As more companies shift their focus to building a top-notch customer experience, competitive benchmarking becomes necessary to stay one step ahead. At its core, benchmarking is as simple as comparing what your team is doing to what the best in the industry are doing. This could be how your team stacks up on key metrics or support operations.
That said, benchmarking done right is much more than a casual, anecdotal look at the competition. Pinpointing which of the hundreds of companies and customer metrics to focus on is a tricky, but worthwhile pursuit. Companies need a well-thought-out strategy to get the desired results the first time.
Here are six benchmarking best practices that can make your efforts more impactful:
1. Start early
If you want to be the best, it’s never too early to start benchmarking. Studying your competition and knowing where and how you can improve is like getting a map to your destination. The sooner you have the map in hand, the sooner you can transition from reactive to strategic, and start down the path to perfection. Keep in mind that half of benchmarking is knowing where to draw your starting line. Allow yourself time to put the proper measurement systems or tools in place so you can keep accurate tabs on your progress and see how far you’ve come.
2. Have a timeline
Between researching competitors, analyzing where opportunities exist for improvement, and implementing changes, benchmarking can demand a lot of time. Limit the scope of your benchmarking to research and activities that can be finished within a time period that mirrors the typical planning cycle in your company. For most companies this is once a quarter or 90 days. This way you can analyze how you compare to competitors early in the quarter, implement changes, and share results back to the company before planning starts for the next quarter.
3. Choose an appropriate peer group
The companies you study should, first and foremost, exhibit excellence. However, location, size, industry, product category, and business model should all be considered based on your goals. For example, if the objective is to see how your performance compares to companies most like yours, limit your peer group to your same industry. However, if the intent is to gain perspective on different business processes and push your team to think outside the box, studying companies in different industries could be a great option. On that note...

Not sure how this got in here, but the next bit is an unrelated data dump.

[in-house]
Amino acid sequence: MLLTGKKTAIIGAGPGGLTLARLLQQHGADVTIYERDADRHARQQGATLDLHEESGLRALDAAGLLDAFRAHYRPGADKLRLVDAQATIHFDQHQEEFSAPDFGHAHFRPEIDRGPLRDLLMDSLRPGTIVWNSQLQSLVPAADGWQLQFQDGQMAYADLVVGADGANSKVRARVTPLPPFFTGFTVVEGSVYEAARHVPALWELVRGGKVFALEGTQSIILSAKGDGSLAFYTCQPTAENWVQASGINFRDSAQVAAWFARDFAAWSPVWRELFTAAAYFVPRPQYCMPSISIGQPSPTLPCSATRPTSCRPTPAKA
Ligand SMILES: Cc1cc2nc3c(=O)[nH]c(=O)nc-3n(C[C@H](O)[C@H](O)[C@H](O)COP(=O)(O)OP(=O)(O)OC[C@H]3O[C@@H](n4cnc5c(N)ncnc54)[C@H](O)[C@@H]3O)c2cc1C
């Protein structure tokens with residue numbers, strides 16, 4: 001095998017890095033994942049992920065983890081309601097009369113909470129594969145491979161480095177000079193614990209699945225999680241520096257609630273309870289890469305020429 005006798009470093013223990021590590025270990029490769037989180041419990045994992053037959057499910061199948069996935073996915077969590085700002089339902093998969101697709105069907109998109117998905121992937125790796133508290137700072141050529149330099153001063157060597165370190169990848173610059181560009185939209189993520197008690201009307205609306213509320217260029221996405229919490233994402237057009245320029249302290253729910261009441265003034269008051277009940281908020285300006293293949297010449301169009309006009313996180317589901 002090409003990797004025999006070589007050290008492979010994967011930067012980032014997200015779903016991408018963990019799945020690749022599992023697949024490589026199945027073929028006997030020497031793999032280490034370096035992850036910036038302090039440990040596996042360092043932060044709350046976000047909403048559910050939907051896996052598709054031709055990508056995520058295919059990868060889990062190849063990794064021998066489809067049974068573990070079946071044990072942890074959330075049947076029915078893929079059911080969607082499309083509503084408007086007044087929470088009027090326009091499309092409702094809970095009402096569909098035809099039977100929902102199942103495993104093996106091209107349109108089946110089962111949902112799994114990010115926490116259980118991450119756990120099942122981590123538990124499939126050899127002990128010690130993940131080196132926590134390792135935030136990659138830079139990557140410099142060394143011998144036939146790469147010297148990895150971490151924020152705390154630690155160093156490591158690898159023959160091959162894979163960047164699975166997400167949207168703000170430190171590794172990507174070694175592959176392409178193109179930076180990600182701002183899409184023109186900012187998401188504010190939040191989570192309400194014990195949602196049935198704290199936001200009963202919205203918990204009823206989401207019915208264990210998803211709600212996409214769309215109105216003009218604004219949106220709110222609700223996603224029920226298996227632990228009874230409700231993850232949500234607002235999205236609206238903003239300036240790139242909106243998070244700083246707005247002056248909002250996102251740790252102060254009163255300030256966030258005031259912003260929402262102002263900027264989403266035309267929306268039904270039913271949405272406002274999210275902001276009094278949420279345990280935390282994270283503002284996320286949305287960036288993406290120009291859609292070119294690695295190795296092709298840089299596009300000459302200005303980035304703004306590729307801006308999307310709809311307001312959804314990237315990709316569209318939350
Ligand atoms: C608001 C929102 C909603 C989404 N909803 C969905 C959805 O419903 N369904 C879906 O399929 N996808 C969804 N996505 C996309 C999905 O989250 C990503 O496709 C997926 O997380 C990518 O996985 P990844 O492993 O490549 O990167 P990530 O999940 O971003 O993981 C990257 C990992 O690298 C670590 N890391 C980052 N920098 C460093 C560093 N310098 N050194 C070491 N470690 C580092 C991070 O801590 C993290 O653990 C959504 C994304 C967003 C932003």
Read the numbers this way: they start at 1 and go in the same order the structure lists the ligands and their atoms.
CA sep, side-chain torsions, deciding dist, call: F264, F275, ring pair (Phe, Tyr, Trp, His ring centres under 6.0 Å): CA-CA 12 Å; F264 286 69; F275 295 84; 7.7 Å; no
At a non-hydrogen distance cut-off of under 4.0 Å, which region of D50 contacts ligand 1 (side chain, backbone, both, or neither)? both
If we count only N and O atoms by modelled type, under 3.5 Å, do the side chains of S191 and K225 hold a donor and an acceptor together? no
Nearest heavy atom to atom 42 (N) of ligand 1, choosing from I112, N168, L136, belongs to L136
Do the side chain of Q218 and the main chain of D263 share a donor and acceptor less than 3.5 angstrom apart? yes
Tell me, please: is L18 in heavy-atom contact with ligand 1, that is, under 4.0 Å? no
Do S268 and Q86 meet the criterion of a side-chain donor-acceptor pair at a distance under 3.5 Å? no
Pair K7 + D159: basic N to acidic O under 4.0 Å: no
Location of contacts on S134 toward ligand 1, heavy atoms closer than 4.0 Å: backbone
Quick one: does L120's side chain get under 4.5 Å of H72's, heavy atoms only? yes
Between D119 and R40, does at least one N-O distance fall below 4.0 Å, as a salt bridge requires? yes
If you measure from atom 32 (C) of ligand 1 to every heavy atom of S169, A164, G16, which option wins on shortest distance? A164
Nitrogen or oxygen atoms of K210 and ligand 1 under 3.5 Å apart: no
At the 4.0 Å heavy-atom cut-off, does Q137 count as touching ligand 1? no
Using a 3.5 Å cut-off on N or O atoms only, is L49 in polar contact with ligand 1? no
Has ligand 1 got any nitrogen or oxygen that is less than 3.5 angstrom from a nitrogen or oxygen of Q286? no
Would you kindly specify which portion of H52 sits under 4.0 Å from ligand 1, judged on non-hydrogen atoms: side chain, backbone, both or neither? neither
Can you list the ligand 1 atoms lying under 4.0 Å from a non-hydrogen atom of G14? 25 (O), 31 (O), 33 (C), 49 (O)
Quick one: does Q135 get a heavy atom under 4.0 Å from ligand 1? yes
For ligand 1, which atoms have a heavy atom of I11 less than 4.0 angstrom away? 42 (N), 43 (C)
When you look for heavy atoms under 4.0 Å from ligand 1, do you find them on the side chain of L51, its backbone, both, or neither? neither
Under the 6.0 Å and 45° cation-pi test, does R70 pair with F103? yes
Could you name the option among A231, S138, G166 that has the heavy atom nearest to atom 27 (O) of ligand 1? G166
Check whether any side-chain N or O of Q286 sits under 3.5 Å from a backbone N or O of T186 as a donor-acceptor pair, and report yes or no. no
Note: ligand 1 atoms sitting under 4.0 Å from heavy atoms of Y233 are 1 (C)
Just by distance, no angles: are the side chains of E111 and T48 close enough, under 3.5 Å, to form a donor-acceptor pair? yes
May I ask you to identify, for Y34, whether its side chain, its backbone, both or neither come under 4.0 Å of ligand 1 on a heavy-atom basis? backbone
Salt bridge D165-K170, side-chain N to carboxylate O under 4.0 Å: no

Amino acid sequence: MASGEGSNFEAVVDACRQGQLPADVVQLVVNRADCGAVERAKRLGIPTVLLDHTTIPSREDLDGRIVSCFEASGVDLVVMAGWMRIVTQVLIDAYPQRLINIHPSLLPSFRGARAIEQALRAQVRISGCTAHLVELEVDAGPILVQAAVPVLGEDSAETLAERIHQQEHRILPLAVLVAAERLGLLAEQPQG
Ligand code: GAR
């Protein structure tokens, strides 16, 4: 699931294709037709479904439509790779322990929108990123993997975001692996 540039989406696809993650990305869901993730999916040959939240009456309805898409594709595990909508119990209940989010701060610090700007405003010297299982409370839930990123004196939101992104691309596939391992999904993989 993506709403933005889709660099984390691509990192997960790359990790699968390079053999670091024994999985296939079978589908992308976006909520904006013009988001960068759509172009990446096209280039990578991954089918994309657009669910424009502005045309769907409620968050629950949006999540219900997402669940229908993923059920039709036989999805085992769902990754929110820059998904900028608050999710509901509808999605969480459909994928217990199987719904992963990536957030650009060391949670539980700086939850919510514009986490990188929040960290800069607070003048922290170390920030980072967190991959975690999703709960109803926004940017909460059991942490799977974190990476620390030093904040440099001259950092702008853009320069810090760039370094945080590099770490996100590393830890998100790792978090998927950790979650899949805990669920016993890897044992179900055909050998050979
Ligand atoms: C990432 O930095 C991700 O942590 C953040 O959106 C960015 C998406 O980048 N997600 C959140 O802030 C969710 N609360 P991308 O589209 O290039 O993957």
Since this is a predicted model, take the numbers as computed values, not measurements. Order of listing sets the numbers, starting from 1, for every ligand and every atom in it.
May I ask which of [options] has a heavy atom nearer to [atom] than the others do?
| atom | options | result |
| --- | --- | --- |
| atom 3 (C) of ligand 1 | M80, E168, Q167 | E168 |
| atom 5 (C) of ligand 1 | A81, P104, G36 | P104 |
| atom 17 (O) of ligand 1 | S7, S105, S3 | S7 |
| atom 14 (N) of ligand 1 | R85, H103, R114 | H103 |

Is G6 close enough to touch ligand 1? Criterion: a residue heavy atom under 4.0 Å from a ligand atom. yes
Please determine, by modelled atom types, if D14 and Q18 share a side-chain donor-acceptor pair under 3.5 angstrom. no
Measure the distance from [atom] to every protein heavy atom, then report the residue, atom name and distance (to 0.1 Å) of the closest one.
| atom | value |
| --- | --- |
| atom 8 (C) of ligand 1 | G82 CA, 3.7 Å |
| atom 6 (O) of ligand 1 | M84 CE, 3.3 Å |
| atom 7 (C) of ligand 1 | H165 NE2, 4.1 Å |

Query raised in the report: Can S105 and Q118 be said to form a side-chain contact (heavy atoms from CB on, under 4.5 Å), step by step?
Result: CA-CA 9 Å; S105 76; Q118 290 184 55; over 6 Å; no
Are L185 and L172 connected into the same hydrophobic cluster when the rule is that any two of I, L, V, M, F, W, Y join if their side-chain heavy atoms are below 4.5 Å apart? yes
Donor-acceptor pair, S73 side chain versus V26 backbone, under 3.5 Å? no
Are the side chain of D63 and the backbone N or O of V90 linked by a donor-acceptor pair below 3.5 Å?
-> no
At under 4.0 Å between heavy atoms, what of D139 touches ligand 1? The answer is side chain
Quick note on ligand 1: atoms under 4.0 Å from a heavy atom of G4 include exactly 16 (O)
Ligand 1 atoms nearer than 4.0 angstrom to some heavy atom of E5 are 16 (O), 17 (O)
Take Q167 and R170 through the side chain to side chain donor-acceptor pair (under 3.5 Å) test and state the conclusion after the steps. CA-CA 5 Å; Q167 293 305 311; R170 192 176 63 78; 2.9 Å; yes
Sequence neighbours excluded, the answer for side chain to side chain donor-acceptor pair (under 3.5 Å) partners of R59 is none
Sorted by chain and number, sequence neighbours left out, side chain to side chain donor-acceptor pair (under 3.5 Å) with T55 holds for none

4. Look outside your industry
Some of the most dramatic learning can come from companies who operate outside of your industry. One approach is to start with the problem then brainstorm other industries with the same problem but to the extreme. For example, if you’re having trouble getting customers to respond to surveys or give feedback, look at how fast food chains or hospitals approach this. One will give you an idea of how to catch customers in the moment, and the other how to be sensitive to their circumstances.
5. Stick to meaningful metrics
The health of a customer support organization can be measured in a myriad of ways. This is why it’s important to be collectively clear as an organization which metrics define world-class customer support and therefore should be studied. Limit your benchmarking research to a few metrics or factors that are standard across your industry and, therefore, can easily be compared apples-to-apples. It’s also important to decide with your team exactly how these will be measured before kick-off.
6. Focus on improving operations
In the words made famous by Marshall Goldsmith, “What got you here, won’t get you there.” Once you have a clear north star of where you want to be, shift your focus to your team’s operations instead of the metrics themselves. Statistics cannot be improved, but the technology, processes, people, and strategies that drive them can.